A large, shaggy something called Toni Erdmann got loose at this year’s New York Film Festival, loping at will through the aisles of Alice Tully Hall while bellowing mournfully and tickling the patrons. People who had spotted the creature earlier, in Cannes or Toronto, had predicted the rampage; but as an experienced festivalgoer, I was skeptical about reports of a seven-foot-tall, pointy-headed movie that would jump out from behind a seat and try to hug me.
“Wait and see,” I thought. The main slate already promised plenty of unruliness.
There would be tales of tough-minded older people rising in revolt—Ken Loach’s I, Daniel Blake and Kleber Mendonça Filho’s Aquarius—and a historical fantasy about a free-living, middle-aged poet leading the police on a “wild chase” in Pablo Larraín’s Neruda. Gianfranco Rosi would test the limits of documentary filmmaking—and the audience’s moral consciousness—in his harrowing picture about the migrant route to Europe, Fire at Sea. In Sieranevada and Graduation, Romania’s usual suspects, Cristi Puiu and Cristian Mungiu, would immerse their viewers in one afternoon of family disorder and four days of domestic collapse, with doctors as protagonists and social diagnosis as an agenda. The Americans’ contributions would include big, rich domestic dramas by Kenneth Lonergan (Manchester by the Sea) and Mike Mills (20th Century Women), and an unexpected revival by James Gray of the lush wide-screen epic (The Lost City of Z).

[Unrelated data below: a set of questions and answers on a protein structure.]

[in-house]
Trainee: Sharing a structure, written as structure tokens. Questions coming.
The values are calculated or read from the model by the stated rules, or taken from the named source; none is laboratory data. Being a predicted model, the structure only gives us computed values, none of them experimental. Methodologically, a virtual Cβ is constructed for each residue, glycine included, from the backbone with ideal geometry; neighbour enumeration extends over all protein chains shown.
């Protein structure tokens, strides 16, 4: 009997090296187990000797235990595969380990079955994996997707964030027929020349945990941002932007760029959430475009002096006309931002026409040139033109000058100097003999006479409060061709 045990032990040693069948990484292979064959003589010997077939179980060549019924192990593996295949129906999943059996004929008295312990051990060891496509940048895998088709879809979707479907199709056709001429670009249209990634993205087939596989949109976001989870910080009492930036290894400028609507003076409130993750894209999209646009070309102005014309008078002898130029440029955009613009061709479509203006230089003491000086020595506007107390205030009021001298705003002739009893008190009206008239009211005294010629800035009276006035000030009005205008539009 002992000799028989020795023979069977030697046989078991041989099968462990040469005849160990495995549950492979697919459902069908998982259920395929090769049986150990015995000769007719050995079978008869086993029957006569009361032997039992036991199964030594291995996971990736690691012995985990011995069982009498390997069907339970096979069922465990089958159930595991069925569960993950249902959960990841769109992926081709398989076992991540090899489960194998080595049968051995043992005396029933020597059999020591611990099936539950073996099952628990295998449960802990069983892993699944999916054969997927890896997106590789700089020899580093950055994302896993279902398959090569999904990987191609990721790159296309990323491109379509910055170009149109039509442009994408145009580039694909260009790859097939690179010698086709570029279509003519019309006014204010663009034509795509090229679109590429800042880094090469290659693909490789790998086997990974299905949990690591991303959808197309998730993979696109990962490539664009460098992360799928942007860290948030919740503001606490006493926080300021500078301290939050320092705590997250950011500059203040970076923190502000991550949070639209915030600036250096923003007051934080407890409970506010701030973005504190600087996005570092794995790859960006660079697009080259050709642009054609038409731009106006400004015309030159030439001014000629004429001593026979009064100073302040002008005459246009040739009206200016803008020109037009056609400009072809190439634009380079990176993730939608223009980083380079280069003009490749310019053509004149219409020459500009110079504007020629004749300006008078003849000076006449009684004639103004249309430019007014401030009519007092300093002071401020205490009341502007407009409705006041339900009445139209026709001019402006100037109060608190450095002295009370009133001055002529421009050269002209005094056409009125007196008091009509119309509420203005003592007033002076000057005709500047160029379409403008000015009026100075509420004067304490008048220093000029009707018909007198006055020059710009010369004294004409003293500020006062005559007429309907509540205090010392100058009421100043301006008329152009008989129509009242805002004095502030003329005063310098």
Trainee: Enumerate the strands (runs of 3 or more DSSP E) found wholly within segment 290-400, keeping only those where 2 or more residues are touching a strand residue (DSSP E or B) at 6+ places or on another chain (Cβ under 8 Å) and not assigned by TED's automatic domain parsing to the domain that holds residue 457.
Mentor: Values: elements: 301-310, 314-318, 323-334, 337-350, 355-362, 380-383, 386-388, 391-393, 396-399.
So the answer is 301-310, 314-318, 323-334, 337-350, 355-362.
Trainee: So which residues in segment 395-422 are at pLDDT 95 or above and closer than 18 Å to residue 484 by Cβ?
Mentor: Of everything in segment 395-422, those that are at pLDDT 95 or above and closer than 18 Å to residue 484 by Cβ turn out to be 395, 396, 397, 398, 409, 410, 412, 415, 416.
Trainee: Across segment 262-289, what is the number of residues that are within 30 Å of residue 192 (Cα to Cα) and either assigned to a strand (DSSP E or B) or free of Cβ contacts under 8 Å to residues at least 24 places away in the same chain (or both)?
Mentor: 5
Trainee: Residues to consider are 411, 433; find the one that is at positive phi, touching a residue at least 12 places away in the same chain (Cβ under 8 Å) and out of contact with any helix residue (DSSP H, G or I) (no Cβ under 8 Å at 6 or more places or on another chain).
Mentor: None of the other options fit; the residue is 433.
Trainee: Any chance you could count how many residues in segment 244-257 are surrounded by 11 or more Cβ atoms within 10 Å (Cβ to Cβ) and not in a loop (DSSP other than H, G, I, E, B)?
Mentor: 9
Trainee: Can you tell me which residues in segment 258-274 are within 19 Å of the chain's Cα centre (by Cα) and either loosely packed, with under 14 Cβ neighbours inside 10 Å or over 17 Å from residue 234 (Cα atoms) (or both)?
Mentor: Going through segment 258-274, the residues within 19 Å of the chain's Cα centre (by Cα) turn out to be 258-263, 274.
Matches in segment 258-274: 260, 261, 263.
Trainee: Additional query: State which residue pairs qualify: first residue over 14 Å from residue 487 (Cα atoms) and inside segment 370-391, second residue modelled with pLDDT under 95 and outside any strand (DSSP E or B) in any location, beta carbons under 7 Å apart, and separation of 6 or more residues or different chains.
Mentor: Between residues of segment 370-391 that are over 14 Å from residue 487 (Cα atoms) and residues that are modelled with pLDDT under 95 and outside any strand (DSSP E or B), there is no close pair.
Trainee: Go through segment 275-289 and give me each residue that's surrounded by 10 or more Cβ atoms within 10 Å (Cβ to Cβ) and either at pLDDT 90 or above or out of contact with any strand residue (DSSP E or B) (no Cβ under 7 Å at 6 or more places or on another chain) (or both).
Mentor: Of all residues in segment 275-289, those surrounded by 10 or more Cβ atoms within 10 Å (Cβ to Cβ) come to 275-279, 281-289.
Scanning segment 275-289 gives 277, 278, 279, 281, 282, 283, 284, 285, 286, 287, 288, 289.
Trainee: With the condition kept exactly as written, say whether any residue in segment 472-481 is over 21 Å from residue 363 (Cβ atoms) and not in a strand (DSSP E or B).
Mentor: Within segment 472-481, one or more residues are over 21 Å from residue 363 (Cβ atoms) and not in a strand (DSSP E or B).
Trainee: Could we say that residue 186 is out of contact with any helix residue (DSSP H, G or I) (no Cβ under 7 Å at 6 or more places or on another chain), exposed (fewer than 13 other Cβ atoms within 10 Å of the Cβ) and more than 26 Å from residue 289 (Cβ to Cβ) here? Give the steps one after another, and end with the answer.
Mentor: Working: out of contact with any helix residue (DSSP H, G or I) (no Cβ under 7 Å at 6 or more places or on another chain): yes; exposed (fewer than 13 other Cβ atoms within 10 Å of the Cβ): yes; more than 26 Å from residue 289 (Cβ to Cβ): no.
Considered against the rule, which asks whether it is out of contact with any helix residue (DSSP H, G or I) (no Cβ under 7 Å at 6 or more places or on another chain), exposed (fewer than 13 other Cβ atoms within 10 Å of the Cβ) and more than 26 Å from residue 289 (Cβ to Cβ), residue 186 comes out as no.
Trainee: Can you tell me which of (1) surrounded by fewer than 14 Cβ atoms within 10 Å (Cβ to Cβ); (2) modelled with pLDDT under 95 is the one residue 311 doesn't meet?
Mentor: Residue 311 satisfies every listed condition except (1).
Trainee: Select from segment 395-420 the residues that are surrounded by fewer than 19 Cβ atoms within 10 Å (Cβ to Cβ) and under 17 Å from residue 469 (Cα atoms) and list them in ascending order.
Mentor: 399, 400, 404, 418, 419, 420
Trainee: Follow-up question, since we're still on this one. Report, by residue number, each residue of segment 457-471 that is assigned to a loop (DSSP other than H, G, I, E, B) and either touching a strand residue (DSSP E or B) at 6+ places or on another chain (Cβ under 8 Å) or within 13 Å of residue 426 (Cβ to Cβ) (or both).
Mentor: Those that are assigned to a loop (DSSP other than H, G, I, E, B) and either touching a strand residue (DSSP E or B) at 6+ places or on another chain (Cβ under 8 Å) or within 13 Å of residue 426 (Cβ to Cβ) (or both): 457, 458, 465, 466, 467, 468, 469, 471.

There would be much more besides, including an extraordinary concentration of films about African-American life (discussed in The Nation’s November 7 issue), none of which seemed to demand prankish interruption. Then the festival let Toni Erdmann out of its cage, and I, too, started jabbering that Bigfoot roamed Lincoln Center.
Written and directed by Maren Ade, Toni Erdmann is the story of an estranged daughter and father who are both going through life in disguise, the main difference being that hers is respectable. Slender, blond, and thirtysomething, Ines (Sandra Hüller) keeps her hair smoothed in a French twist and her body sheathed in black pantsuits as she plots her rise in the men’s world of management consulting. Despite being assigned to the capitalist backwater of Bucharest, she maneuvers sharply against her colleagues, seeking to outdo them in the task of masking their client’s outsourcing goals. It’s cold-blooded work—and so Ines does not want to be distracted by her father Winfried (Peter Simonischek), a shambling, shabby, sixtyish German music teacher whose idea of fun is to play dress-up with fright wigs, Jerry Lewis–style false teeth, and an occasional application of ghoul makeup, the better to joke about, oh, mailing letter bombs and shooting people. Other than that, the old card seems harmless, except that he springs himself on Ines in Bucharest, unannounced, and begins to burlesque her profession. Disappointed that his daughter doesn’t melt at once into reconciliation, Winfried starts pretending to be a management coach named Toni Erdmann, having donned for this purpose a black suit, black tie, and floor-mop wig. He looks like Neil Young in a remake of Reservoir Dogs.